Church institutions should be provided with guidelines for developing their own institutional policies in harmony with this statement.Persons having a religious or ethical objection to abortion should not be required to participate in the perfor- mance of abortions.
Church members should be encouraged to participate in the ongoing consideration of their moral responsibilities with regard to abortion in light of the teaching of scripture.
¹Abortion, as understood in these guidelines, is defined as any action aimed at the termination of a pregnancy already established. This is distinguished from contraception, which is intended to prevent a pregnancy. The focus of the document is on abortion.
²The fundamental perspective of these guidelines is taken from a broad study of scripture as shown in the following “Principles for a Christian View of Human Life:”
“Now this is eternal life; that they may know you, the only true God, and Jesus Christ whom you have sent” (John 17:3, NIV). In Christ is the promise of eternal life; but since human life is mortal, humans are confronted with difficult issues regarding life and death. The following principles refer to the whole person (body, soul, and spirit), an indivisible whole (Genesis 2:7; 1 Thessalonians 5:23).
Life: Our valuable gift from God
God is the Source, Giver, and Sustainer of all life (Acts 17:25,28; Job 33:4; Genesis 1:30, 2:7; Psalm 36:9; John 1:3,4).
Human life has unique value because human beings, though fallen, are created in the image of God (Genesis 1:27; Romans 3:23; 1 John 2:2; 1 John 3:2; John 1:29; 1 Peter 1:18,19).
God values human life not on the basis of human accomplishments or contributions but because we are God’s creation and the object of His redeeming love (Romans 5:6,8; Ephesians 2:2-6; 1 Timothy 1:15; Titus 3:4,5; Matthew 5:43-48; Ephesians 2:4-9; John 1:3, 10:10).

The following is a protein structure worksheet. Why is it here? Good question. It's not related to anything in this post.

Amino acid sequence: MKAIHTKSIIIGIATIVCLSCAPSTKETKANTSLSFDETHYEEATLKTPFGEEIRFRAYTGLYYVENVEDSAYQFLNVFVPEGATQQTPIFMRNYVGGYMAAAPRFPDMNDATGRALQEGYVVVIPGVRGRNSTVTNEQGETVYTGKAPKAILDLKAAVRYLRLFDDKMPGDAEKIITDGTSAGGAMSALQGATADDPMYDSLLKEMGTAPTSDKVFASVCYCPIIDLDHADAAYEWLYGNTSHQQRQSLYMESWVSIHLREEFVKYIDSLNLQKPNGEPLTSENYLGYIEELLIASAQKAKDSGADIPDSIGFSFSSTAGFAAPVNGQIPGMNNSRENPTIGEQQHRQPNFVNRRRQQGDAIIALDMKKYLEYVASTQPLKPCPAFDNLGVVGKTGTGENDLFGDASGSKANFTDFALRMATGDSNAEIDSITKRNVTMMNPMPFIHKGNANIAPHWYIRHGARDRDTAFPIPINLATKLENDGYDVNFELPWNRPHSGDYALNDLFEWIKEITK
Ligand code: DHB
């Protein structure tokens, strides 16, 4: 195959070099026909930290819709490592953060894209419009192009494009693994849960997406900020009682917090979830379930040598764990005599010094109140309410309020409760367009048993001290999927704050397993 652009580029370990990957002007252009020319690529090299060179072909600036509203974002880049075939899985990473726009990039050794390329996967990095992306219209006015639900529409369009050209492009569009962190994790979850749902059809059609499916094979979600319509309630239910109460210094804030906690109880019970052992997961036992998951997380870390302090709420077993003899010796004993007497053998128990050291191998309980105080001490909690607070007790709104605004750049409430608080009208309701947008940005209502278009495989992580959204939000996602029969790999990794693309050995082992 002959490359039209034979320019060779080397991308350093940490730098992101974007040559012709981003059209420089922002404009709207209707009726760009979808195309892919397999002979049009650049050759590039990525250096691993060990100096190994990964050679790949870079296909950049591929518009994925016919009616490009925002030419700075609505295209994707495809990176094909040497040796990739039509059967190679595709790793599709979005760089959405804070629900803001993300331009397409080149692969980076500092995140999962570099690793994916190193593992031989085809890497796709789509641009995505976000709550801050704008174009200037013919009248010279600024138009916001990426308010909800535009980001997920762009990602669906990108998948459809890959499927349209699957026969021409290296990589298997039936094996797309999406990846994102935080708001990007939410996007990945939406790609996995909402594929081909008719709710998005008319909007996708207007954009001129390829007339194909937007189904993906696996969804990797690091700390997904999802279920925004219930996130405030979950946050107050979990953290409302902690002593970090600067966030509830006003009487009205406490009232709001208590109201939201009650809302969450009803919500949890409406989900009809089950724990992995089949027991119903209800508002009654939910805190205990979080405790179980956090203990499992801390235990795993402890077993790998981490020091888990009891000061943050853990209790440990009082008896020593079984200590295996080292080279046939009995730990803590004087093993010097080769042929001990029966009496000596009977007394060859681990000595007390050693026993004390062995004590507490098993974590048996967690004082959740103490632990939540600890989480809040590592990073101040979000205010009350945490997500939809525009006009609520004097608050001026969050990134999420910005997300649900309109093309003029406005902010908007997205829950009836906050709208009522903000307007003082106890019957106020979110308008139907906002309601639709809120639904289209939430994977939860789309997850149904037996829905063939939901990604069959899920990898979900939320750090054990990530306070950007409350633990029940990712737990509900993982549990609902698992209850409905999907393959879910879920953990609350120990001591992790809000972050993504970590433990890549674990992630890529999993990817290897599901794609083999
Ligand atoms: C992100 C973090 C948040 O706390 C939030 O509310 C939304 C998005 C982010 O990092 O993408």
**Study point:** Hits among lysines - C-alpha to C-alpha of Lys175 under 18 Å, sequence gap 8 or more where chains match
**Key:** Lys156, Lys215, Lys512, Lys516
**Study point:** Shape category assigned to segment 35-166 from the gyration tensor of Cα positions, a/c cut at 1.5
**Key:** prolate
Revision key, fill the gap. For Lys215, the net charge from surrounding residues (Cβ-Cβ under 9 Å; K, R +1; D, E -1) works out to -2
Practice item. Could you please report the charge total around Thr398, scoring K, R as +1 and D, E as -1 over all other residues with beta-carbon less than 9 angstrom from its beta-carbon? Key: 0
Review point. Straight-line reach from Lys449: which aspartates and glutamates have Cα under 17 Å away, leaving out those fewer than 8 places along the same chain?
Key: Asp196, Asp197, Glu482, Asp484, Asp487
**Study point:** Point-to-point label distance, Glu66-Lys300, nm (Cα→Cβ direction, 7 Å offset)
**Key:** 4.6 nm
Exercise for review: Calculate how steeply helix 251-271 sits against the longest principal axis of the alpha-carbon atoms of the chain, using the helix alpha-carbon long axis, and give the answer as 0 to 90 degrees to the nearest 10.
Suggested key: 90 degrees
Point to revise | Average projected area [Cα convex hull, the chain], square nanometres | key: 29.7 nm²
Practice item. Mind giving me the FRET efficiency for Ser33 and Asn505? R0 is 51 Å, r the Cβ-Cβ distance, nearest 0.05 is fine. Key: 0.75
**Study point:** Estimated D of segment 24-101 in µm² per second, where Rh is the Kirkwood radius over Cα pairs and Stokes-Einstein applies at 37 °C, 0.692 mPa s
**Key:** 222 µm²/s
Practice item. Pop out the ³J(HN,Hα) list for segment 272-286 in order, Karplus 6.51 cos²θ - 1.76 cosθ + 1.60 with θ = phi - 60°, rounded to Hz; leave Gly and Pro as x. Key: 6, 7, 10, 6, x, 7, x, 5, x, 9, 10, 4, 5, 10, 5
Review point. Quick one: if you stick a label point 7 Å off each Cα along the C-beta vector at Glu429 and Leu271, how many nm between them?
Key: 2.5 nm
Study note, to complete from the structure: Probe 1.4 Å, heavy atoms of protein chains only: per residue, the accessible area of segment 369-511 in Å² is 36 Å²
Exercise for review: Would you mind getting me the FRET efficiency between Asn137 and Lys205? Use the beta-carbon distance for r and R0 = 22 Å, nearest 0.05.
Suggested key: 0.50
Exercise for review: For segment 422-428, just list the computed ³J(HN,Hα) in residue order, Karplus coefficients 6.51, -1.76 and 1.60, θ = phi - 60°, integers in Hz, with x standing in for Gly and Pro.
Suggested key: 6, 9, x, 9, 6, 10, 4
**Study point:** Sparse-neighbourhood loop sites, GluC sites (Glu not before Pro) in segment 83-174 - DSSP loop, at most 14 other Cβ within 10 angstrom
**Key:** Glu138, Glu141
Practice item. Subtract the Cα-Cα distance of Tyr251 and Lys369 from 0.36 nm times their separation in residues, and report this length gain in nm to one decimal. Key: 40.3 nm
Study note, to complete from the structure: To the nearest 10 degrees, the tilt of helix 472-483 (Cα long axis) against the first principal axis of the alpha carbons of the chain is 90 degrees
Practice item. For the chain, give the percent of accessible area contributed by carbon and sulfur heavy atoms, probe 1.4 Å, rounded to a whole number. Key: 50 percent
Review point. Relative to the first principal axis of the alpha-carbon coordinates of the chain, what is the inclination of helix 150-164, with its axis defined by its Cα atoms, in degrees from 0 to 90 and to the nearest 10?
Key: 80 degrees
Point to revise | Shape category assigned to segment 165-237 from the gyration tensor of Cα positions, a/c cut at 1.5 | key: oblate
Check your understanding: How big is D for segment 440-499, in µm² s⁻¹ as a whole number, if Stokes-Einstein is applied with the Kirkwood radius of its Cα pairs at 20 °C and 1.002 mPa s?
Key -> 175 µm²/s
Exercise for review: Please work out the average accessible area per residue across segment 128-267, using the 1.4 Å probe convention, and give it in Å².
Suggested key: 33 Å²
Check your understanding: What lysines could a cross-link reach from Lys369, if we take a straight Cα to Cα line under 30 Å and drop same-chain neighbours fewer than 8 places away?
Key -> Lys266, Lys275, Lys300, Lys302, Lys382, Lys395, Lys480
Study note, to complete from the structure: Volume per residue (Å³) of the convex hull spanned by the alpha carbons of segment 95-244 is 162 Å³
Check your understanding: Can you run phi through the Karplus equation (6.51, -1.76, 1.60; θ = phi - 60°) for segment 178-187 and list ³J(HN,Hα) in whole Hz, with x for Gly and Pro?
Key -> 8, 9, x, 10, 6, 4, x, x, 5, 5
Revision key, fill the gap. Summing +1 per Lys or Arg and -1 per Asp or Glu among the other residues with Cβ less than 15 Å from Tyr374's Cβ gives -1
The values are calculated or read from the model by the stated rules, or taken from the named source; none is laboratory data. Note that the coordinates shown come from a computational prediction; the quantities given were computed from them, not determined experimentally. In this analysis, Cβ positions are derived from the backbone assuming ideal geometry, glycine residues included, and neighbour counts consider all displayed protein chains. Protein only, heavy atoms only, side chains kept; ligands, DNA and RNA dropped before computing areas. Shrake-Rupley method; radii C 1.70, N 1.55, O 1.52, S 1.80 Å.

Life: Our response to God’s gift
Valuable as it is, human life is not the only or ultimate concern. Self- sacrifice in devotion to God and His principles may take precedence over life itself (Revelation 12:11; 1 Corinthians 13).
God calls for the protection of human life and holds humanity accountable for its destruction (Exodus 20:13; Revelation 21:8; Exodus 23:7; Deuteronomy 24:16; Proverbs 6:16,17; Jeremiah 7:3-34; Micah 6:7; Genesis 9:5,6).
God is especially concerned for the protection of the weak, the defenseless, and the oppressed (Psalm 82:3,4; James 1:27; Micah 6:8; Acts 20:35; Proverbs 24:11,12; Luke 1:52-54).
Christian love (agape) is the costly dedication of our lives to enhanc- ing the lives of others. Love also respects personal dignity and does not condone the oppression of one person to support the abusive behavior of another (Matthew 16:21; Philippians 2:1-11; 1 John 3:16; 1 John 4:8-11; Matthew 22:39; John 18:22,23; John 13:34).
The believing community is called to demonstrate Christian love in tangible, practical, and substantive ways. God calls us to restore gently the broken (Galatians 6:1,2; 1 John 3:17,18; Matthew 1:23; Philippians 2:1-11; John 8:2-11; Romans 8:1-14; Matthew 7:1,2, 12:20; Isaiah 40:42, 62:2-4).
Life: Our right and responsibility to decide
God gives humanity the freedom of choice, even if it leads to abuse and tragic consequences. His unwillingness to coerce human obedience neces- sitated the sacrifice of His Son. He requires us to use His gifts in accordance with His will and ultimately will judge their misuse (Deuteronomy 30:19,20; Genesis 3; 1 Peter 2:24; Romans 3:5,6, 6:1,2; Galatians 5:13).
God calls each of us individually to moral decision making and to search the scriptures for the biblical principles underlying such choices (John 5:39; Acts 17:11; 1 Peter 2:9; Romans 7:13-25).
Decisions about human life from its beginning to its end are best made within the context of healthy family relationships with the support of the faith community (Exodus 20:12; Ephesians 5,6).
Human decisions should always be centered in seeking the will of God (Romans 12:2; Ephesians 6:6; Luke 22:42).